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Gifts for every type of book lover on your list

From the making of Sherlock Holmes to a tribute to typewriters, Nathalie Atkinson finds this season's most giftworthy reads to satisfy every bibliophile on your list

Table of contentsBooks on booksHistorical analysisExamined livesWanderlustArtistic ambitionsCulture vulturesCrime and punishmentDesign for livingFashionable findsSmall pagesSui generisLiterary fix


The Card Catalog: Books, Cards and Literary Treasures compiled by the Library of Congress (Chronicle Books, 224 pages, $50)

A book of artifacts, curiosities and fascinating literary tidbits from the annals of analog.

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The Illustrated Dust Jacket: 1920-1970 by Martin Salisbury (Thames and Hudson, 200 pages, $53.95)

Sales of physical books are on the rise and the time is right to judge books as they were meant to be judged: by their covers. That's illustration professor Martin Salisbury's job as he appraises 50 striking designs, from Paul Nash to Milton Glaser, and how they reflect evolving artistic movements.

Meetings with Remarkable Manuscripts by Christopher de Hamel (Penguin Press, 640 pages, $60)

One of the world's leading paleographers now presides over Cambridge University's precious medieval literary documents. Here, he takes an irreverent and enthusiastic journey through a dozen great texts (such as the Book of Kells) and their tales of survival. With gorgeously reproduced artifacts, it's a real page-turner.

Word by Word: The Secret Life of Dictionaries by Kory Stamper (Pantheon, 320 pages, $35.95)

For the devoted Scrabbler or cruciverbalist in your life, and worth it just for the "On Bad Words" chapter parsing the evolution of meaning in the word "bitch" and its complicated history of lexicographic micro-aggressions.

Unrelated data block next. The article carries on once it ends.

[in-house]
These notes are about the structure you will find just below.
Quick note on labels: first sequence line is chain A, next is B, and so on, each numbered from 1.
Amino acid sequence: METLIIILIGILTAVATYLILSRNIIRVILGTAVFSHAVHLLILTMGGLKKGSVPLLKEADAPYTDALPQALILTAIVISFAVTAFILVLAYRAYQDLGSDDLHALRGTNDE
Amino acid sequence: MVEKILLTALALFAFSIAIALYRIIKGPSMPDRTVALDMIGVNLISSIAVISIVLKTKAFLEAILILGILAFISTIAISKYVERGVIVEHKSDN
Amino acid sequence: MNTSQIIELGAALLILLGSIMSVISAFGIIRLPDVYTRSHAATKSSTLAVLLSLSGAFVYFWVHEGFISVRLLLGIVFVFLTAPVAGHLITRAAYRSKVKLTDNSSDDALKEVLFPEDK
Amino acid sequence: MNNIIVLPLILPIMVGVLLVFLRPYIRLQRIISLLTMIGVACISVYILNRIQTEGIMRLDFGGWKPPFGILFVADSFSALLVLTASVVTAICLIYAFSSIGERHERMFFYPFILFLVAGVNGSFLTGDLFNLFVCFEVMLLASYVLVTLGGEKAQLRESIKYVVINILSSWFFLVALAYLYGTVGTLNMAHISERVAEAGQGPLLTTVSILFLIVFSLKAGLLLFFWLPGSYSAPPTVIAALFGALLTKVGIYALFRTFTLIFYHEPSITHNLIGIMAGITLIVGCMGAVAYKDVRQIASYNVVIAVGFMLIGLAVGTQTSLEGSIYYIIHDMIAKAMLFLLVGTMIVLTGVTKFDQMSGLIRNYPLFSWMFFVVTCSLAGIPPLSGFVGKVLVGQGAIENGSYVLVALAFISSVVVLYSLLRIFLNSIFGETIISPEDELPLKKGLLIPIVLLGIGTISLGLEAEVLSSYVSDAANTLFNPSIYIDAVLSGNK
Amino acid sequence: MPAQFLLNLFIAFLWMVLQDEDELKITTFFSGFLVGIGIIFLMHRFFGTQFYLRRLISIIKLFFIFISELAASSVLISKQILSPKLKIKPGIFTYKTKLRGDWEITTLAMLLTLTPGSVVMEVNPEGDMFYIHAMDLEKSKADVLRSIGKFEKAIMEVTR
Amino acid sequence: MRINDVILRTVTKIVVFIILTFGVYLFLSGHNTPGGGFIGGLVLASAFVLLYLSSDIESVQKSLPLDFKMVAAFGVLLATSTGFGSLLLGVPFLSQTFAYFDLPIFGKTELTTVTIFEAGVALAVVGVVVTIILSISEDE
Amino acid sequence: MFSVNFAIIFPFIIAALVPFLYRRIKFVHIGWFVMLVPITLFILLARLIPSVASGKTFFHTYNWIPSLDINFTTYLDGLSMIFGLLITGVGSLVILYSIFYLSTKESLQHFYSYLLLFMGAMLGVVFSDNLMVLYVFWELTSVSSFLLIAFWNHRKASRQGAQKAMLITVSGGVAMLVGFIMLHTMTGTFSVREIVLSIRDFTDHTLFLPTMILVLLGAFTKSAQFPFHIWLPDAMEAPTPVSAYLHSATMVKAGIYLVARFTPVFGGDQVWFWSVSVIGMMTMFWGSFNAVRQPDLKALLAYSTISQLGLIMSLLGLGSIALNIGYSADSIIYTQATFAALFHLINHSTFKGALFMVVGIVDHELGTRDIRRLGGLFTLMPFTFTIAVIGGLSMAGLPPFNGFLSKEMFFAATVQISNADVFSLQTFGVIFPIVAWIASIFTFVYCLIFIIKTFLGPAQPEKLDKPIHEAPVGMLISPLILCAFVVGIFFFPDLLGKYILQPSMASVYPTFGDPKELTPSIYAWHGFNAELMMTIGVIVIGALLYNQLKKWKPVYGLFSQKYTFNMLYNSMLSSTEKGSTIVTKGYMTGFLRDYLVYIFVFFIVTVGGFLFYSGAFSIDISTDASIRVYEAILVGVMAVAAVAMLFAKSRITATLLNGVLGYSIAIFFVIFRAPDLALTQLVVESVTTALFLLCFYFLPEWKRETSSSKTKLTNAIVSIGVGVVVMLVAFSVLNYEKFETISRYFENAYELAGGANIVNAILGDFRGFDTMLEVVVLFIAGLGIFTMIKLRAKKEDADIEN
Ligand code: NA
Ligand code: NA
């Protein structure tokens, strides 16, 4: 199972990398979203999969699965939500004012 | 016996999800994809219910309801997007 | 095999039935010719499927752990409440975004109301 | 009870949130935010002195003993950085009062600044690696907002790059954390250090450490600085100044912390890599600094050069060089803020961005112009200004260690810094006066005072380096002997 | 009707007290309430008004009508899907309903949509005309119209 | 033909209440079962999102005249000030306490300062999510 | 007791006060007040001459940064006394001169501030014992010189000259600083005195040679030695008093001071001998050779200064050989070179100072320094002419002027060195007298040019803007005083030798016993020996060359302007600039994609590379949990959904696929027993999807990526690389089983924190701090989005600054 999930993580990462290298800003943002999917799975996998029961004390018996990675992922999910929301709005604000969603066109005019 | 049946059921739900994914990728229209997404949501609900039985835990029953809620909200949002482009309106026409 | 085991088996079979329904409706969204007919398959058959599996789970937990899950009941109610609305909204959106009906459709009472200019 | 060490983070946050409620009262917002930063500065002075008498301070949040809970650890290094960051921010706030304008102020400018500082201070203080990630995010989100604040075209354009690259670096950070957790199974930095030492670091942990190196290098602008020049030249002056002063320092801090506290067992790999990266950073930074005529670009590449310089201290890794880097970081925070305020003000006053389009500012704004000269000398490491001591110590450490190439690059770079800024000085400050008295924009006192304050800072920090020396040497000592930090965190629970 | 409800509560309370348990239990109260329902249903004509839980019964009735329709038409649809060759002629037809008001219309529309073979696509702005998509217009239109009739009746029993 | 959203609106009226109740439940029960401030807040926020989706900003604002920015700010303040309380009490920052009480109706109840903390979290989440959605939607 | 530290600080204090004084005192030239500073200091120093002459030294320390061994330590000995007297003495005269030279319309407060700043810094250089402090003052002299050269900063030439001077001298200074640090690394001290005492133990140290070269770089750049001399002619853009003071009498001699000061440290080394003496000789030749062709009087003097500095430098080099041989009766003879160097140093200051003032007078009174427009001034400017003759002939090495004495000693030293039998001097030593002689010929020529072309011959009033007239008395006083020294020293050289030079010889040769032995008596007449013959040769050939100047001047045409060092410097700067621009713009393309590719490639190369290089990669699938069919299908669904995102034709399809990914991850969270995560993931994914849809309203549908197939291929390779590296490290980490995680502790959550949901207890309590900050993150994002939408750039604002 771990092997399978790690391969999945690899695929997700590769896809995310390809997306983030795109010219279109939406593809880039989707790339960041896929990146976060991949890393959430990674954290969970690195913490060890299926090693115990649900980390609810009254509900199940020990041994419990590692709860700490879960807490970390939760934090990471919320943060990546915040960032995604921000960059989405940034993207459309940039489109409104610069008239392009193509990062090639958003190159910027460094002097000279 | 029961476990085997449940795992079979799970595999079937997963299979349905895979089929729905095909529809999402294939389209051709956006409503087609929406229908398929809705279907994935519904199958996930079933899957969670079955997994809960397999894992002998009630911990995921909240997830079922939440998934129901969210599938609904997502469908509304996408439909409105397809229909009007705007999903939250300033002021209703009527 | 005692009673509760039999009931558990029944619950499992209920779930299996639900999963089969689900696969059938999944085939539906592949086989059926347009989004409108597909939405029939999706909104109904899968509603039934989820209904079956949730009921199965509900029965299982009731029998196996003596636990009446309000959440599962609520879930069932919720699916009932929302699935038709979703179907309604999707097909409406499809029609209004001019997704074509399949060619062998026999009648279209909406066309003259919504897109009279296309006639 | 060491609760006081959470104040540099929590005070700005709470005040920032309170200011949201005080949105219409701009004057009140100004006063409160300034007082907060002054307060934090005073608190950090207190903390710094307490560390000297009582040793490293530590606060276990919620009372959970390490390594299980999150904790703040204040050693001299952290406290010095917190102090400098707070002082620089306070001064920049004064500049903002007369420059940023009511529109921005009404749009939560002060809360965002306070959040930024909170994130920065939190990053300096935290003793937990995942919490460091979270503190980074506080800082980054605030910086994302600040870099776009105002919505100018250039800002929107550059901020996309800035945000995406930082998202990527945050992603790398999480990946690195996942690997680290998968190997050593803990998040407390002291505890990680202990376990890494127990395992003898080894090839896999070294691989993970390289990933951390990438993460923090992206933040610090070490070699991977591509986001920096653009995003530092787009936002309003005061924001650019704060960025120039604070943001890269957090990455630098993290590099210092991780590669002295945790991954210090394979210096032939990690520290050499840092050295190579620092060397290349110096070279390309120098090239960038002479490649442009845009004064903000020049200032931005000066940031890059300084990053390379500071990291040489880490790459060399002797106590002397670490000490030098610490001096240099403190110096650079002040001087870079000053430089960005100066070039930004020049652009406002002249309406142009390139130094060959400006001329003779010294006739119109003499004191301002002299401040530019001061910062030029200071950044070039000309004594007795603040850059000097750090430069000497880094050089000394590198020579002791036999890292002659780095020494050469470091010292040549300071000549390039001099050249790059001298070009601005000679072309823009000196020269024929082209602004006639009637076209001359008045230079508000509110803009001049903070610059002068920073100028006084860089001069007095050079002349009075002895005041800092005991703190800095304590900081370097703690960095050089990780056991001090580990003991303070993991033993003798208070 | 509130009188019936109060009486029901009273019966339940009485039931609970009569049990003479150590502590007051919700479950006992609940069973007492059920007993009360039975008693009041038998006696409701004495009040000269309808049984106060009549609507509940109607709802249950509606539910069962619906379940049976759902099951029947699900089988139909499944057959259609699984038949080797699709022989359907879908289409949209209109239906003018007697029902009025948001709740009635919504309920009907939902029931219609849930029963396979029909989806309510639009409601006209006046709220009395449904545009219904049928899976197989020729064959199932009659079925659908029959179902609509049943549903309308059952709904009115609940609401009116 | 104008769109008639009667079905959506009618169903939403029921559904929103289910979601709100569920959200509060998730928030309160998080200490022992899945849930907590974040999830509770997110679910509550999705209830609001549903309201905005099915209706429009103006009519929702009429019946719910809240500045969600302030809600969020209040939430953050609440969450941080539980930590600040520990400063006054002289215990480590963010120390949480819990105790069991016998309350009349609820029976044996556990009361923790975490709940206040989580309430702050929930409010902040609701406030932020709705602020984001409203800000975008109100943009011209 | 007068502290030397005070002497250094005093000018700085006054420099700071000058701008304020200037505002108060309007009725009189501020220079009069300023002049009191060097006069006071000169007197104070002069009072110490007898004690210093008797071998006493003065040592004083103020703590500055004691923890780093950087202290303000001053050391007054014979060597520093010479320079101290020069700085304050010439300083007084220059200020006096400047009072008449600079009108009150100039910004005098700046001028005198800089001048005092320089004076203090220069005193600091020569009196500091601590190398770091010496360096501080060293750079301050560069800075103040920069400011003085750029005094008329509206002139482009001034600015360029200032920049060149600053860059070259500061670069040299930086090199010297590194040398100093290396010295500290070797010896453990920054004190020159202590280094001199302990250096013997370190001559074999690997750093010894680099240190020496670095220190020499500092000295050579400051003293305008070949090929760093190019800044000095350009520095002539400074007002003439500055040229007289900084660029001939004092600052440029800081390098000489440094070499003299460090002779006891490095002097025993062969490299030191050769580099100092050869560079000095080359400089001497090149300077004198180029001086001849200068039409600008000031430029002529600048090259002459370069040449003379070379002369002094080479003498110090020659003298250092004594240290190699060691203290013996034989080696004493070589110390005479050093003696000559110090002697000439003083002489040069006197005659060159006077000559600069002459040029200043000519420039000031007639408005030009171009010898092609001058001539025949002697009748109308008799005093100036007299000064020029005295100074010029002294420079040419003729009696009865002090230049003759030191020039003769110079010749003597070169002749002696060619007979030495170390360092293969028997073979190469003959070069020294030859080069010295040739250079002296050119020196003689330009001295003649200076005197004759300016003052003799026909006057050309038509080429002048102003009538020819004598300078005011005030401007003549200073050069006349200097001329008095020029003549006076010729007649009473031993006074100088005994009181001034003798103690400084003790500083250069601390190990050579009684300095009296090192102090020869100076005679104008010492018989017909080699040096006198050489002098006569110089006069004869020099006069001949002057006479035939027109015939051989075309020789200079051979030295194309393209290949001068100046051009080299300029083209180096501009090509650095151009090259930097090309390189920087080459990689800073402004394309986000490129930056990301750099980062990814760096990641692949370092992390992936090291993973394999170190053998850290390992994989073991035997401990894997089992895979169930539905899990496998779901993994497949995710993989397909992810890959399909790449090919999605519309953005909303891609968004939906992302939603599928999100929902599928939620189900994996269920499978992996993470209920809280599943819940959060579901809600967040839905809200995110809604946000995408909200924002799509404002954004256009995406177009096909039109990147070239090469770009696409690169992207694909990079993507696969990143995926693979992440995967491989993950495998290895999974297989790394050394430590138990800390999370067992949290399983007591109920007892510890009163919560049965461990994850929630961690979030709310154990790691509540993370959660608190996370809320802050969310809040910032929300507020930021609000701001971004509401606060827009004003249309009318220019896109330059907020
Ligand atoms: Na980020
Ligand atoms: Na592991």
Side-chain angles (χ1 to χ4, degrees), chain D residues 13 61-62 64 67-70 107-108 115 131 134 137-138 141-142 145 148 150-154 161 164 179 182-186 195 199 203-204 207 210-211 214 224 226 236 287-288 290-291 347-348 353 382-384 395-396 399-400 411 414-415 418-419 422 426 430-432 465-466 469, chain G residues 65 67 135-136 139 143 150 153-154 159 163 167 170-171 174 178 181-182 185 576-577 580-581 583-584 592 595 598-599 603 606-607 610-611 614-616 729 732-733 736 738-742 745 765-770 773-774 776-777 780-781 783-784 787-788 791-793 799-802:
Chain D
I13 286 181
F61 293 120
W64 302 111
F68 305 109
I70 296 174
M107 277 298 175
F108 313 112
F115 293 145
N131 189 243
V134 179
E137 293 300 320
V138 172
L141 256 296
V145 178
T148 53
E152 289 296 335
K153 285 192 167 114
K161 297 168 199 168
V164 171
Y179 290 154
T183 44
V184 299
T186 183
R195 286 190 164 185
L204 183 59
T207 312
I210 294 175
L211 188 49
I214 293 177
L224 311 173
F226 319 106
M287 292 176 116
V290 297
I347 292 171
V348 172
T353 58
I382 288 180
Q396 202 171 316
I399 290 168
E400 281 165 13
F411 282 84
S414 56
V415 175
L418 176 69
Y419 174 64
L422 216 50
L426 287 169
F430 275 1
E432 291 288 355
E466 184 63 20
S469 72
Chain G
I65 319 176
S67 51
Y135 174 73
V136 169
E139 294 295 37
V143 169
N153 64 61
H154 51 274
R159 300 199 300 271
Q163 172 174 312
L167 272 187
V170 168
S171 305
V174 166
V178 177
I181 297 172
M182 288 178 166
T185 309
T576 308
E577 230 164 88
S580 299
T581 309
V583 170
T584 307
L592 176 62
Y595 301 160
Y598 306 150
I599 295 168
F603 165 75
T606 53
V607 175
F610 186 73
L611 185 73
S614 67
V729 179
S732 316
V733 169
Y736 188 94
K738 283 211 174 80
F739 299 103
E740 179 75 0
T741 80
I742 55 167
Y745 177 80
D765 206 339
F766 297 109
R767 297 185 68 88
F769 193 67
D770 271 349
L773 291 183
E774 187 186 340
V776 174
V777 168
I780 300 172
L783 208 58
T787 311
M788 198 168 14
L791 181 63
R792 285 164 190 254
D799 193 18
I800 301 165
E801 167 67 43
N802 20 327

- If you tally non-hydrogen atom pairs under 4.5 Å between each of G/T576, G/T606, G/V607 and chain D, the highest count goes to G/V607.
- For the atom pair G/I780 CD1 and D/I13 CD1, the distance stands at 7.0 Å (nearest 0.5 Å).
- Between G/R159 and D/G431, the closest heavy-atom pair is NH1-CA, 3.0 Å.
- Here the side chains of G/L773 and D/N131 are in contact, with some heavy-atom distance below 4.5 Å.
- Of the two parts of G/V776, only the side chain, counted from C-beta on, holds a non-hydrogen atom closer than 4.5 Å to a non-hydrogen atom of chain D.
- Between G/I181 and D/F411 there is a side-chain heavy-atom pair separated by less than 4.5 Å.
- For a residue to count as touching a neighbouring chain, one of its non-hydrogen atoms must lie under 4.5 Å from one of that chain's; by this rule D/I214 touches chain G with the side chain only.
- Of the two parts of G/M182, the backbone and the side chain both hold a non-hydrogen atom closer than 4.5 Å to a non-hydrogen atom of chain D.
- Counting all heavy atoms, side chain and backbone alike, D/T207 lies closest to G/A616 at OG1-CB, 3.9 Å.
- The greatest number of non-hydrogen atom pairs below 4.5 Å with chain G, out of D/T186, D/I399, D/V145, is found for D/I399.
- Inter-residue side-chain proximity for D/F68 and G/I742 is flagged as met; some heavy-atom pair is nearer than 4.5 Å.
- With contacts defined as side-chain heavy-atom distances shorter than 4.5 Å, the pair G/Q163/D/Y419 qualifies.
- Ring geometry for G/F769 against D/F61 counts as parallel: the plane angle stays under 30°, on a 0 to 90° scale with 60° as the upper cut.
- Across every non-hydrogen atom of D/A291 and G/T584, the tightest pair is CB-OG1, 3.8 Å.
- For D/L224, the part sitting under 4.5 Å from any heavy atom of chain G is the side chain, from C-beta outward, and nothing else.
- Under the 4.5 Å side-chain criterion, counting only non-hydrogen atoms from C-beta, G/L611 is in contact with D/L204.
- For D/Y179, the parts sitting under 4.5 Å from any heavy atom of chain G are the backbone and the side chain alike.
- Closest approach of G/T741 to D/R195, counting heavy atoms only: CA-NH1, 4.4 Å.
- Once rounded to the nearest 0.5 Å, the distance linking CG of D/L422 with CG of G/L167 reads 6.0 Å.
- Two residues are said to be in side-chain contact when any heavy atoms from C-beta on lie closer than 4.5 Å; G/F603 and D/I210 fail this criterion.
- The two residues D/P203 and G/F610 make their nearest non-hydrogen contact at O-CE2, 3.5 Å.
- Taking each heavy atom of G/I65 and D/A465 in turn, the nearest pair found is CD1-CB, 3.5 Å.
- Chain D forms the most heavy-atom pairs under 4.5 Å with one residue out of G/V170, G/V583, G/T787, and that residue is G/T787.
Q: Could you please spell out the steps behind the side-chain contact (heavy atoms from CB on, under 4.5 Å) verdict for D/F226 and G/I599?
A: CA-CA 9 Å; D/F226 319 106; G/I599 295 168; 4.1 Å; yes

My Life with Bob: Flawed Heroine Keeps Book of Books, Plot Ensues by Pamela Paul (Henry Holt, 256 pages, $38)

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The Bob in question here is not a Twin Peaks reference but what the editor of the New York Times Book Review calls her "Book of Books." Her memoir goes through the journal she's kept of every tome she has ever read.

The House of Fiction: From Pemberley to Brideshead, Great British Houses in Literature and in Life by Phyllis Richardson (Unbound, 480 pages, $42.95)

This cultural exploration of iconic imaginary mansions based on authors' own real homes and taste in architecture is catnip for bibliophiles with a design bent.

She Read to Us in the Late Afternoons by Kathleen Hill (Delphinium, 225 pages, $26)

An elegant memoir on the enriching reciprocity of fiction for the constant reader and book-club aficionado.

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The Butchering Art by Lindsey Fitzharris (Farrar, Straus & Giroux, 304 pages, $38)